The hour long interfaith service held at the East King Street synagogue joined hundreds of thousands of congregations around the world for the same purpose.
The date, set aside by Israeli parliament decades ago on the anniversary of the ghetto uprising in Warsaw, Poland, in April 1943, is intended as the day when Jews around the world would honor and remember the victims of the Holocaust, said David Steinberg, rabbi of Congregation Sons of Israel and guest speaker at the service.
"It's not just about victimization and remembering our dead," Steinberg said. "It's also about the celebration of life every day."
Several members of the congregation and area clergy assisted Steinberg in the service by sharing readings and providing music in memory of those who died in the Holocaust.
Steve Schwartz of Waynesboro, Pa., who read from a passage about other victims of the Holocaust, said he attended the service to show support as a member of the congregation and of the Jewish community in Franklin County.
"This service connects us all together," Schwartz said, referring to the members of different faiths who joined in remembering those who suffered at the hands of Nazi Germany.
Mary Bolte, who attends Corpus Christi Catholic Church on Philadelphia Avenue in Chambersburg, expressed a similar reason for joining in on the day of remembrance.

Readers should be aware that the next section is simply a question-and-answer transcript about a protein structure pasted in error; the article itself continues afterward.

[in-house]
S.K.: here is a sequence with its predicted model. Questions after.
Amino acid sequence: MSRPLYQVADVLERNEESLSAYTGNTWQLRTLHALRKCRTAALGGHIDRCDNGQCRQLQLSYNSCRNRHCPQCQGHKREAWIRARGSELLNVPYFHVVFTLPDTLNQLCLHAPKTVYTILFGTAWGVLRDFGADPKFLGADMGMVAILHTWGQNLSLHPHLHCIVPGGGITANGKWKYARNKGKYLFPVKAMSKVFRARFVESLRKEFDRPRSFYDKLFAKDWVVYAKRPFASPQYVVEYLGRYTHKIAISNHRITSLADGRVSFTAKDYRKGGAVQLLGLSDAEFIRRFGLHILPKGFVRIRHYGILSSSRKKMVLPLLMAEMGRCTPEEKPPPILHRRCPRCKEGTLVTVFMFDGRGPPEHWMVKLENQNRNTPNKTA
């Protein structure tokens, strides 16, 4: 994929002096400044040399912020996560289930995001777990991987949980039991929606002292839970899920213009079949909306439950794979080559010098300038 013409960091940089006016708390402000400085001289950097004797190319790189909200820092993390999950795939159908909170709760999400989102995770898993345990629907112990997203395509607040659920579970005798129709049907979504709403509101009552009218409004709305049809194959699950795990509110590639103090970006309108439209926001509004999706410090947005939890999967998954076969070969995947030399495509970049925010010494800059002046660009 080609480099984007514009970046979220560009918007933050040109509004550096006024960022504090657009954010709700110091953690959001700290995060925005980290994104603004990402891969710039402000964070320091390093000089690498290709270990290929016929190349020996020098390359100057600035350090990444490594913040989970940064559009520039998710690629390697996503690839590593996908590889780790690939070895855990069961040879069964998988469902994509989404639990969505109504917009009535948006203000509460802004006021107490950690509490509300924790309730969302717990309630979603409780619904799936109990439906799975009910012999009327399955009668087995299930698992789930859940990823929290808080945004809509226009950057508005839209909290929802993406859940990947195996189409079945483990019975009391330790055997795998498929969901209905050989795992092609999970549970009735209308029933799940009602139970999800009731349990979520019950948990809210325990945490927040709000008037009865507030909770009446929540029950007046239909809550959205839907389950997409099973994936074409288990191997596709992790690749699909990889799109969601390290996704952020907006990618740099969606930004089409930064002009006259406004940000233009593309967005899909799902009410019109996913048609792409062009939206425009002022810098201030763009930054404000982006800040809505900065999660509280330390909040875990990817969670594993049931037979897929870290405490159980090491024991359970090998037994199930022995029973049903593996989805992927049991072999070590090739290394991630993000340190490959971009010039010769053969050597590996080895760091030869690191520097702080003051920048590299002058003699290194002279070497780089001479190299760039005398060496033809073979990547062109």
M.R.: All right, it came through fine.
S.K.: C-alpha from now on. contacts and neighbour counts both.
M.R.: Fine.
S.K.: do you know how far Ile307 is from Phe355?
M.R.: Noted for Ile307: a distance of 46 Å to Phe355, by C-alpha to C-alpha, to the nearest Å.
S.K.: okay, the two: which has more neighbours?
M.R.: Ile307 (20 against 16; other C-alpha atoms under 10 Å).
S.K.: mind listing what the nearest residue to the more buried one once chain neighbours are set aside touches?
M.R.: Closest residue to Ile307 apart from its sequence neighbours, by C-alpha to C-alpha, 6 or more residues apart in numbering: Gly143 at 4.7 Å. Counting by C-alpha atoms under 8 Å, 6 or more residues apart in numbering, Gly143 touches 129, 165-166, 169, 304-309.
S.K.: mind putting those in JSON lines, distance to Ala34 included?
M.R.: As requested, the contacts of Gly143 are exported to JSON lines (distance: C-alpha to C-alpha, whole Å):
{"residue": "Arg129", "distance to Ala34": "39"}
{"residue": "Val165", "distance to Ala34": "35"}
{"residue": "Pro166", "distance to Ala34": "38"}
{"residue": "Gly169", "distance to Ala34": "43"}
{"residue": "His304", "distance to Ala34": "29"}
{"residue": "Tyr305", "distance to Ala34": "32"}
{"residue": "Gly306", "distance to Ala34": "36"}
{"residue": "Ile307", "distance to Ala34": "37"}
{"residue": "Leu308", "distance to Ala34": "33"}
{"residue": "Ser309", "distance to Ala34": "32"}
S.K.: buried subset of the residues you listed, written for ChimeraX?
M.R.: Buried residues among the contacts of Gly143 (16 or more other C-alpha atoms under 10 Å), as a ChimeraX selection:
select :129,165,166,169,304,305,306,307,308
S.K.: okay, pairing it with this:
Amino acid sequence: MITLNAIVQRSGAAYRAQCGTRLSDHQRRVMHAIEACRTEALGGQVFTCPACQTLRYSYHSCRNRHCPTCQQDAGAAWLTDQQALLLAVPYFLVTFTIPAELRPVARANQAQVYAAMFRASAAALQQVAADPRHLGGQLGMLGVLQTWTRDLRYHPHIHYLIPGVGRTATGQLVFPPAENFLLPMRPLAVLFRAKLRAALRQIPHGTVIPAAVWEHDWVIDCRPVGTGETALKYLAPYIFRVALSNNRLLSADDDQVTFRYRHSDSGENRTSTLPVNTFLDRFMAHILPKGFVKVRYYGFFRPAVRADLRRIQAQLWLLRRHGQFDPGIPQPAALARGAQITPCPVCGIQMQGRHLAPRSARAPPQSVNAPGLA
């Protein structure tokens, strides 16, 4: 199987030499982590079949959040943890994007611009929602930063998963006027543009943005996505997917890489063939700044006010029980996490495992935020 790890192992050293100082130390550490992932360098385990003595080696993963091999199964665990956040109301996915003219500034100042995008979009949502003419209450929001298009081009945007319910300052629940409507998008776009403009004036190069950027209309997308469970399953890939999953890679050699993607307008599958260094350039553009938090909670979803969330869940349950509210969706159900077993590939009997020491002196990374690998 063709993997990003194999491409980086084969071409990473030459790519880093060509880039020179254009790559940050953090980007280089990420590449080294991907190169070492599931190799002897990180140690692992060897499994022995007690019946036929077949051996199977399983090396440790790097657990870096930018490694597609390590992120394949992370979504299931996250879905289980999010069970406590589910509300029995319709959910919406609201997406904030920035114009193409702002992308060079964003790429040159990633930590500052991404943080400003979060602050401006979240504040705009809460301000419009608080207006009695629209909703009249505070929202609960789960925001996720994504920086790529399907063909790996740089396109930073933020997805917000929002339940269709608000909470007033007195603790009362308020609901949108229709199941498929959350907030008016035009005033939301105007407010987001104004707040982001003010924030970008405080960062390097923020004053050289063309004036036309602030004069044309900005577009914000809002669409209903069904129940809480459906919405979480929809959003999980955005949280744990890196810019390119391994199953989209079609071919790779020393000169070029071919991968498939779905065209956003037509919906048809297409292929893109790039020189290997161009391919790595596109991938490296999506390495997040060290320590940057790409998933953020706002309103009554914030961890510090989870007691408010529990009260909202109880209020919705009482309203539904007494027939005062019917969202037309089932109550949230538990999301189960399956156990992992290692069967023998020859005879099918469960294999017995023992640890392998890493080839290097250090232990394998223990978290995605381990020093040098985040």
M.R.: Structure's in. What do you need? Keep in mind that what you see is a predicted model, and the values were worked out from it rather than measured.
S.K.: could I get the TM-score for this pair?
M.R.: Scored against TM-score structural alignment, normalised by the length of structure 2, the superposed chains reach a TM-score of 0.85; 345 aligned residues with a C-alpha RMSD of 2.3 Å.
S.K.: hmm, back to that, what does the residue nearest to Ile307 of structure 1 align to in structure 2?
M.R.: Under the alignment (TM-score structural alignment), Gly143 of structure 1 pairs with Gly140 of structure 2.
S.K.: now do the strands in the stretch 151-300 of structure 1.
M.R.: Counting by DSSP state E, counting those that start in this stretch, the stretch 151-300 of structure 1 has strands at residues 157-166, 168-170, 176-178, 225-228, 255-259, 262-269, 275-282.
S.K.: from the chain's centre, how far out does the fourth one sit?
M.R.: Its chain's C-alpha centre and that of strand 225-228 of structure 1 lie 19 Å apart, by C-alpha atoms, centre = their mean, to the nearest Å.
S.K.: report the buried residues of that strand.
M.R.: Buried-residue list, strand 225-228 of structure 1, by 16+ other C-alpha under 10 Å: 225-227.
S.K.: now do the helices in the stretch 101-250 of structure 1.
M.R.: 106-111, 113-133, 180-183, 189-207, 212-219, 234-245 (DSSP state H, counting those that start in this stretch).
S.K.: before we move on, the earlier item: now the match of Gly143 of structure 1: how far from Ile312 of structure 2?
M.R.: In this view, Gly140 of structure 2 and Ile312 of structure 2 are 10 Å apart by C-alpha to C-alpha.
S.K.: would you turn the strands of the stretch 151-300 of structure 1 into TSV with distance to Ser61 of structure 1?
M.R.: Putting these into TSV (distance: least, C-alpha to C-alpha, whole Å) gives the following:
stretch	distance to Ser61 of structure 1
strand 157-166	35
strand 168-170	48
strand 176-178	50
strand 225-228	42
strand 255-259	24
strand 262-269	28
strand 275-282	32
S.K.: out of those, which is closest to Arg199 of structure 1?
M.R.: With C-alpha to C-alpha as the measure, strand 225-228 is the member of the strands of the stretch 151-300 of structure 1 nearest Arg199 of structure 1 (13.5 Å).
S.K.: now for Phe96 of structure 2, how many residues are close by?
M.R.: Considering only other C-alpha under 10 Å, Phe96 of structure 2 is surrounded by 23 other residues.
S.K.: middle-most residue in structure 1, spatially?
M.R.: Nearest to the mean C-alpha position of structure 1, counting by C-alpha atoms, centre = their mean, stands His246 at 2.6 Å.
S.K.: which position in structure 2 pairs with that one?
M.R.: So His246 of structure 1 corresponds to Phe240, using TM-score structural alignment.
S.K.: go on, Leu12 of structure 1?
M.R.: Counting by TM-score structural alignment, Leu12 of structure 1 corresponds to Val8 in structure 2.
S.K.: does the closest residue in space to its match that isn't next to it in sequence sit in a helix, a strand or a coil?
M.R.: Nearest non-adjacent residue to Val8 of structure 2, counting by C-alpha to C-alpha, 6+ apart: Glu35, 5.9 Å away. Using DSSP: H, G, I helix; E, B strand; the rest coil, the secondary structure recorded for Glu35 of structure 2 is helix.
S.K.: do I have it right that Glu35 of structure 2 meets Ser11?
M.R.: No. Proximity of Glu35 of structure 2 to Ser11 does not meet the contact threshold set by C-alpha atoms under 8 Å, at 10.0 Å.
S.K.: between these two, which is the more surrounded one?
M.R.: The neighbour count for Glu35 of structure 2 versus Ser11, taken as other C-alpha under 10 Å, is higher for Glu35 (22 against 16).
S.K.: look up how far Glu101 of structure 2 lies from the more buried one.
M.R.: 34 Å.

"We're here for honoring relatives and to commemorate the Holocaust," Bolte said. "We're here as one and all."
Though gathered to remember a historical tragedy, Steinberg told the congregation that they must also recognize the widespread persecution of people throughout the world today.
"When we read in the Bible, `love thy neighbor as thyself,' we need to define neighbor as broadly as it can be to prevent future Holocausts and genocide," he said.
The Holocaust, which began in 1933 and lasted to the end of World War II, was an effort by the Nazis to deal with groups of people whom they considered to be inferior by establishing concentration camps throughout Europe, according to a brief history compiled by students from Bucknell University for the service.
With the onset of the war in 1939, the need for laborers resulted in the creation of forced labor camps, the historical piece states.
In 1942, with the adoption of the "Final Solution," the Nazi plan to murder all European Jews, the emphasis shifted from concentration camps to death camps. The sole purpose of those camps was to kill millions of Jews by gassing them and burning their remains, according to the student research.